In approximately 2006 American commercial beekeepers began to experience high rates of colony loss. Hives that were previously active the day before were suddenly empty. On inspection the beekeeper would find capped brood but no workers or drones. No dead bees were found inside the hive. Beekeepers had never seen anything like it. It was eventually dubbed Colony Collapse Disorder (CCD).
Colony mortality rates were reported from 30 - 90%. This was a drastic increase from the typical 10 - 15% . The sudden decline raised alarms in the commercial beekeeping realm as potential economic ramifications were dramatic. Commercial pollination is a 20 billion dollar industry in the United States. With the European Honeybee (Apis mellifera) responsible for pollinating over 90 different food crops our agricultural system was at risk. Scientists and researchers began scrambling for answers.
What is CCD?
Smash cut to 2015. Here's what we know about CCD thanks to the tireless work of credible researchers. Colony Collapse is a syndrome - a variety of environmental factors that conspire to destroy a colony. Six main factors have been identified to be responsible for CCD. These are; lack of genetic diversity, pesticides, malnutrition, parasites/disease, in-hive chemicals, and migratory beekeeping practices.
Note: CCD is not caused by cell phones, cell phone towers, the magnetic poles fluctuating, gluten or any of the junk science theories put forward by those who lack the understanding that correlation does not imply causation.
In 1922 the United States passed the Honey Bee Restriction Act. The Act banned the importation of honeybees from foreign countries after they found honeybees imported from England carried tracheal mites (Acarapis woodi). Tracheal mites live in honeybee breathing tubes scarring them. The end result is the suffocation of the honeybee. Not a pleasant death. Importation was banned in an effort to halt the spread.
Restricting the importation meant that the genetic pool would remain shallow. Researcher Ramesh Sagili of the Oregon State University Honeybee Lab has stated that all of our honeybees in the US are descendants of only 472 mother queens. We know that with such a lack of genetics effective queen rearing becomes problematic. Stock becomes inbred, weakened, and less able to fend off disease.
The use of pesticides has been a rallying call as of late with Bayer and Monsanto receiving the brunt of the public's fury. Neonicotinoids are the most recognizable due to the media coverage they receive. They are a relatively new class of neuro-active insecticides related to nicotine that have been shown to interfere with honeybee's ability to navigate back to the hive. No real surprise here...it's a powerful insecticide designed to kill bugs.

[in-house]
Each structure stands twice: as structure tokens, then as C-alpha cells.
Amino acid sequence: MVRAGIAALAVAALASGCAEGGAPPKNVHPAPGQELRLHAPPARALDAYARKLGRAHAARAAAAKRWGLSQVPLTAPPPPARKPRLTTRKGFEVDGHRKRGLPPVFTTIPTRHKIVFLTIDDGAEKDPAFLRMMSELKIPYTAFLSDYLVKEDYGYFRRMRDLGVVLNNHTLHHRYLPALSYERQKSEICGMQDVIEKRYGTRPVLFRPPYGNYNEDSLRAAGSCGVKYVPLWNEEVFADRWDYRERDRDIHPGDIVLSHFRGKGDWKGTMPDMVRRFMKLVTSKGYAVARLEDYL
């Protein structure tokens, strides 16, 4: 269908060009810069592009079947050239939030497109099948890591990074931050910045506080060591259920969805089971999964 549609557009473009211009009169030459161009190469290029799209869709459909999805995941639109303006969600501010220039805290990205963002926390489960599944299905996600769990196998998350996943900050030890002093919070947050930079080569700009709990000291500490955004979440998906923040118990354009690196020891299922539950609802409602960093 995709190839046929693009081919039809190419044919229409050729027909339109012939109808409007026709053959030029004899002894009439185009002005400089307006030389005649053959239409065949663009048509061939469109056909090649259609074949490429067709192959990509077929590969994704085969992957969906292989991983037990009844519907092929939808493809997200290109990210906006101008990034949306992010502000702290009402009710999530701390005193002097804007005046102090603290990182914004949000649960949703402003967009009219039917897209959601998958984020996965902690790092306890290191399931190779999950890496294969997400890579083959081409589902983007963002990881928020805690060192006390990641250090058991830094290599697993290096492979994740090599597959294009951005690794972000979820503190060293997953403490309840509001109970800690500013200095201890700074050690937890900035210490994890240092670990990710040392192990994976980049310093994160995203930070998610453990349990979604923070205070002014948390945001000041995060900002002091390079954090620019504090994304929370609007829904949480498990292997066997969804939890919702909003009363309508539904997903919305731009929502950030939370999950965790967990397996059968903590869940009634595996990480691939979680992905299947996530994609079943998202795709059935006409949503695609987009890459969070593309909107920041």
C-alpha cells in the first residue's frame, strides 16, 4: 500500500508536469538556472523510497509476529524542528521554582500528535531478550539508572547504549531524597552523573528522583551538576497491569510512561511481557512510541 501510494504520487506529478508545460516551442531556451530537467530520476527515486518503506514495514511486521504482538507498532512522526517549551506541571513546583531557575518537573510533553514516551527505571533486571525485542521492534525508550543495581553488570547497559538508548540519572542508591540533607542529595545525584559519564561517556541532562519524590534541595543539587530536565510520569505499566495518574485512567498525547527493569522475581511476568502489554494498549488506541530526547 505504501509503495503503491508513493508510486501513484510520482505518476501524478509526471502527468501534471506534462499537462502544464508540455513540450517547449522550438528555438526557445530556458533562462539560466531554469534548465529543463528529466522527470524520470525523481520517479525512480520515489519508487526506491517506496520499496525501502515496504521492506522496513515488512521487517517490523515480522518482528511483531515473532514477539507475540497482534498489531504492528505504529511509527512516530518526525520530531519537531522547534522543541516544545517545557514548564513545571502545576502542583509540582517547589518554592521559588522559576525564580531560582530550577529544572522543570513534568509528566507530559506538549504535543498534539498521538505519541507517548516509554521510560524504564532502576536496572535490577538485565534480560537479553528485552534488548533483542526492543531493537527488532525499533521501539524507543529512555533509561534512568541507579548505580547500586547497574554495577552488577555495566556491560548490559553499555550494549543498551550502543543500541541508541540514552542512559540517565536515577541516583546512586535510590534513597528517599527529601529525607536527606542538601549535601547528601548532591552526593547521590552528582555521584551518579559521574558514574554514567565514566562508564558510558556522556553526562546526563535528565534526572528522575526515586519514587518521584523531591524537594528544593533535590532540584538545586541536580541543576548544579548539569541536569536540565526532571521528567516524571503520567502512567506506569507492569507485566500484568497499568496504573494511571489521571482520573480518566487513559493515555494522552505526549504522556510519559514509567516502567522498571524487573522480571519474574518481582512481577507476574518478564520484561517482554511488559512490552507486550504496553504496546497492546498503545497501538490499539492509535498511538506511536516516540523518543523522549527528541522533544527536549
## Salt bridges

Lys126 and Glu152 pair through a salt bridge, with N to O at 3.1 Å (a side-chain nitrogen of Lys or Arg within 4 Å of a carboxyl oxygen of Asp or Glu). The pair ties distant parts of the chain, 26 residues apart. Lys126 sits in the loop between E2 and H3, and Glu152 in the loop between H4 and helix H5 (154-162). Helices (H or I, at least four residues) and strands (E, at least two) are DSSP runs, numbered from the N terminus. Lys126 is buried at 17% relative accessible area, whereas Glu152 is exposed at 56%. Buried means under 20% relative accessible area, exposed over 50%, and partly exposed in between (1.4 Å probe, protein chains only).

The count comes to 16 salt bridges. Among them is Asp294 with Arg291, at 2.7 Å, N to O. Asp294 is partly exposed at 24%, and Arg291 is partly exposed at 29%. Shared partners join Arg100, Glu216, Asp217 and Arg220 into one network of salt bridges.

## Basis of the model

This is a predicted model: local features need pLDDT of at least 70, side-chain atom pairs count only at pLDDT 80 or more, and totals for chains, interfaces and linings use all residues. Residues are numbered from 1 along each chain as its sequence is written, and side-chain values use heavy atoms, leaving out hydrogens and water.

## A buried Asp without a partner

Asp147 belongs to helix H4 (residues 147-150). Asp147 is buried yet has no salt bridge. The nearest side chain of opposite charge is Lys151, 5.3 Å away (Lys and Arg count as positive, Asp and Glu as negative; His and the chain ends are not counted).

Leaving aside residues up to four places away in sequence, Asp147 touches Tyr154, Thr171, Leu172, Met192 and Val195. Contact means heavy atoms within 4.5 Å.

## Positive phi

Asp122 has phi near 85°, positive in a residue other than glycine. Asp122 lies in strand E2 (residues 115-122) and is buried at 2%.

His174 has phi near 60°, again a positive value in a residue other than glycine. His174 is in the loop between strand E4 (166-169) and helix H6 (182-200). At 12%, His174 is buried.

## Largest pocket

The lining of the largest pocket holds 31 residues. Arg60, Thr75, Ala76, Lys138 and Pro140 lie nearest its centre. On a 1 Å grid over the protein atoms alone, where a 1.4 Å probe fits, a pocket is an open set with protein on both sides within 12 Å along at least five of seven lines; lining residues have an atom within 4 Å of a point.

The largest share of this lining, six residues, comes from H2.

In commercial beekeeping colonies are often placed into mono-crop environments (that have been sprayed with pesticides). These environments provide only one source of nectar and pollen for the honeybees. Honeybees are meant to have a wide variety of forage, just like humans. Protein and carbohydrate profiles must be varied for them to remain healthy. Like humans, honeybees must have a balanced diet.
Because the colonies have been weakened, their ability to fight of disease and parasites has been compromised. To combat this beekeepers will often use in-hive chemicals. Anti-biotics are used to stem nosema, foulbrood and a host of other maladies. Arachnicides are used to treat for varroa (a nasty little creature that feeds off the honeybee's hemocyte) and tracheal mites. Both are vectors for other diseases like Deformed Wing Virus and Acute Paralysis Virus.
While anti-biotics work, they also kill the beneficial gut bacteria in the honeybee stomach making nutritional uptake more difficult. Not to mention creating resistant strains of the diseases. Arachnicides help with mites however they too become resistant to treatments. These arachnicides also kill off a beneficial psuedo-scorpion that predates varroa mites. It's a vicious cycle.
Finally, migratory beekeeping practices, constantly moving hives long distances stresses the colony further weakening it. Being locked inside the hive, bumped, and bounced around then let out in a foreign location is not relaxing for the honeybees.
What Does It All Mean?
Taking into account all factors that cause of Colony Collapse Disorder the fog begins to lift. When we ask ourselves, "In what environment are the previously mentioned factors commonly found?". The answer is always - within commercial beekeeping and big agricultural practices. Colony Collapse is symptomatic of the unsustainable agricultural system we have become to rely on. When honeybees are kept outside of this particular environment they remain healthier.
It's time to examine the way we handle our honeybees and developing new, low impact methods is ultimately the only way to change the course of this current trend. Fortunately there are those that are on the vanguard of new beekeeping working diligently to create stronger colonies. Beekeepers such as Jana Kinsman in Chicago, Rob Keller in Napa Valley, Hilary Kearney in San Diego, Kate Franzman in Indianapolis, and Jacques Wilson in Brisbane are ushering a new era. We must look to their methods as they will ultimately be the ones who save our honeybees.
While there are significant challenges ahead, the future is bright.